Culturally, many Muslims have developed intensely misplaced antimosity toward Jews because of the nation of Israel. This is very much like hating Christianity because of the nation of America. Neither of these nations are actually established upon the religions that are ascribed to them. In reality, they are secular states and the horrible things done by both of these nations are done in opposition to the respective religions.
Muslims, Christians and Jews are all brothers in faith and we should be more united than any other religious groups, yet we have allowed Shaytaan to keep us divided and fighting.
Q: What kind of issues in your local Muslim community?
DB: There is a great deal of racism among Muslims. Many immigrant Muslims have somehow adopted the racism against African-American Muslims who are the pioneers of Islam in America. I have spoken with immigrant imams who downplay the 400 year existence of Islam in America via the African-American heritage slaves and completely ignore African American scholars like Omar bin Said (early 1800s) and Warith Deen Muhammad (Last half of the 20th century).
There is also a great deal of misplaced nationalism and tribalism. I have had Jordanian Muslims tell me that I cannot trust Syrian Muslims and Yemini Muslims tell me that I cannot trust Egyptian Muslims while Egyptian Muslims have told me that I cannot trust Palestinian Muslims. This cancer of racism, tribalism and nationalism is wholly incompatible with Islam and must be eradicated from our global ummah, not just the local communities in America.
Q: Sadly, there are some people who demonize their Islamic countries by giving bad impression by them selves… I hope we did not suggest that majority of them.
DB: As I mentioned before, the twisted political mindset is problematic as well because of the blind allegiance to the Democrat party by the majority of Muslim-Americans. Meanwhile Libertarian candidates are actively defending the rights of Muslims and remain completely ignored.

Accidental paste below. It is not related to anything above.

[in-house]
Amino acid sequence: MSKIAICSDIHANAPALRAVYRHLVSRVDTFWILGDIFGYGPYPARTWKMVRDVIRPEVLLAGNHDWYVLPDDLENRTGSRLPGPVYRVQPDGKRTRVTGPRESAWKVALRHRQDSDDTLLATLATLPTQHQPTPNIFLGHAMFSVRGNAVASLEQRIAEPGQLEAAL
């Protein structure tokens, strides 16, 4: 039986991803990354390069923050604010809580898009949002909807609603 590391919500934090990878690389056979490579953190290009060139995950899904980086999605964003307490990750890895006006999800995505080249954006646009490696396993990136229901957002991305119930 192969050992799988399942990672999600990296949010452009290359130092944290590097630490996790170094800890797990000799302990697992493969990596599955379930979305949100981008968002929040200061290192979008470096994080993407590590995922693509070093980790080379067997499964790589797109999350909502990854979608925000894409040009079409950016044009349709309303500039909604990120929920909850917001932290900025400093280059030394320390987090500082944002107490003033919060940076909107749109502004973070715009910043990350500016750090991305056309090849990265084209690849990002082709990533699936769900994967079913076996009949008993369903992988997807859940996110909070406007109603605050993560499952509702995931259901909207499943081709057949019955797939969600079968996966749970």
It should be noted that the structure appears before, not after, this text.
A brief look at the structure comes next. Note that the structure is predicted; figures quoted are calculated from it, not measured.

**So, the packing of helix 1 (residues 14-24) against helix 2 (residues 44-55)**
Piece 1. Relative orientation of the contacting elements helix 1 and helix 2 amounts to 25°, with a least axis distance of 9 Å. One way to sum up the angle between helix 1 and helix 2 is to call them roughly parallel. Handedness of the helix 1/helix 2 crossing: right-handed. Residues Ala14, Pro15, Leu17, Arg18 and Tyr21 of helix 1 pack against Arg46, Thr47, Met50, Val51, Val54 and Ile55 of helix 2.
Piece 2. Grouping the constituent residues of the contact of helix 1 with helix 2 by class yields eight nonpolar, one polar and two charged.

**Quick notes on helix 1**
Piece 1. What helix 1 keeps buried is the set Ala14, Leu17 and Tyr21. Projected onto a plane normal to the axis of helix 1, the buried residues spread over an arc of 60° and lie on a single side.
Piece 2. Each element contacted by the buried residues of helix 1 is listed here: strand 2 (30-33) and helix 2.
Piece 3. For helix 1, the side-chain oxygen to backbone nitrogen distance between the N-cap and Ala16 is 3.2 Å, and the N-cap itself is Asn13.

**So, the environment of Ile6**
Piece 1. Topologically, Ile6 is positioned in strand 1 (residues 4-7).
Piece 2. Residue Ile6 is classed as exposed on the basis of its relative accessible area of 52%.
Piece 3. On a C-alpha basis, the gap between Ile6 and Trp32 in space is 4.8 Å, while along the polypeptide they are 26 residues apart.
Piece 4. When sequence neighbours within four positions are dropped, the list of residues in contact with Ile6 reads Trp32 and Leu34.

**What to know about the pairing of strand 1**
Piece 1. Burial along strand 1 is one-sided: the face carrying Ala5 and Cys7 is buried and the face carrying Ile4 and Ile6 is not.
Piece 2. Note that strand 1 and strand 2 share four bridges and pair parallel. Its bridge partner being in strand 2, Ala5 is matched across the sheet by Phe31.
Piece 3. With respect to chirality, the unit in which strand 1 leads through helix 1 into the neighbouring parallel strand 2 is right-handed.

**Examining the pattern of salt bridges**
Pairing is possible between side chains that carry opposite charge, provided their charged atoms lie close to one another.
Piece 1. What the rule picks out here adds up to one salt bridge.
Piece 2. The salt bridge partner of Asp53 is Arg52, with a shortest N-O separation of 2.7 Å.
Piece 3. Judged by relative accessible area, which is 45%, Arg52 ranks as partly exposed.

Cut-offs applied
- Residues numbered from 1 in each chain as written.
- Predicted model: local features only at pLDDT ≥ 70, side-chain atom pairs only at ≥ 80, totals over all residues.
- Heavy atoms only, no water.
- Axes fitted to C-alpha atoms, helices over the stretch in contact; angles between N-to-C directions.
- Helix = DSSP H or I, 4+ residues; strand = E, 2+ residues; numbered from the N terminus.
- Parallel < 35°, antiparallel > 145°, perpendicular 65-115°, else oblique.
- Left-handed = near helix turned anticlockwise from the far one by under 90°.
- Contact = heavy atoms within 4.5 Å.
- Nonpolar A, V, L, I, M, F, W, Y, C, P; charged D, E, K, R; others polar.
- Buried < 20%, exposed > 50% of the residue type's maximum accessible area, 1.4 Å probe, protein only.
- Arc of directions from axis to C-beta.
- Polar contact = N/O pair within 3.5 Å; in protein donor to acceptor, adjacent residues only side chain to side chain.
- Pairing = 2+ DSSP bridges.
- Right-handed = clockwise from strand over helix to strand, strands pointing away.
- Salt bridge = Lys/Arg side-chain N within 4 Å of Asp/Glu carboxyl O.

All of these problems can be solved by educating Muslims more about the realities of Islamic thought and about how one should think and function as a citizen in the American society.
Q: How did you tackle bigotry from government leaders in your home of Lincoln County, North Carolina?
DB: Well, I didn’t go picking a fight. Let’s get that clear. I didn’t wave my flag or make a march or push for anything. What happened in Lincoln County, NC is that a local elected politician made a bigoted anti-Muslim rant when he was asked about his feelings on a recent court decision which declared that all prayer at government functions either had to be open to all faiths or open to none. Nobody talked about Islam, no Muslim had demanded equal time, so the hateful comments against Muslims and against Islam came out of nowhere.
Once that happened, as a resident of the county, I stood up and said “No sir! We will not take this!” and I wrote a long article expressing my disgust from a citizen standpoint. I addressed it with the logical arguments of the US Constitution, statements from leaders of the country who helped frame the Constitution and from a standpoint which appealed to the common threads of humanity within all of us. I further expressed that as a local taxpayer that I did not want to see the county waste money in an expensive lawsuit when this disagreement could easily be settled with a conversation over a cup of coffee.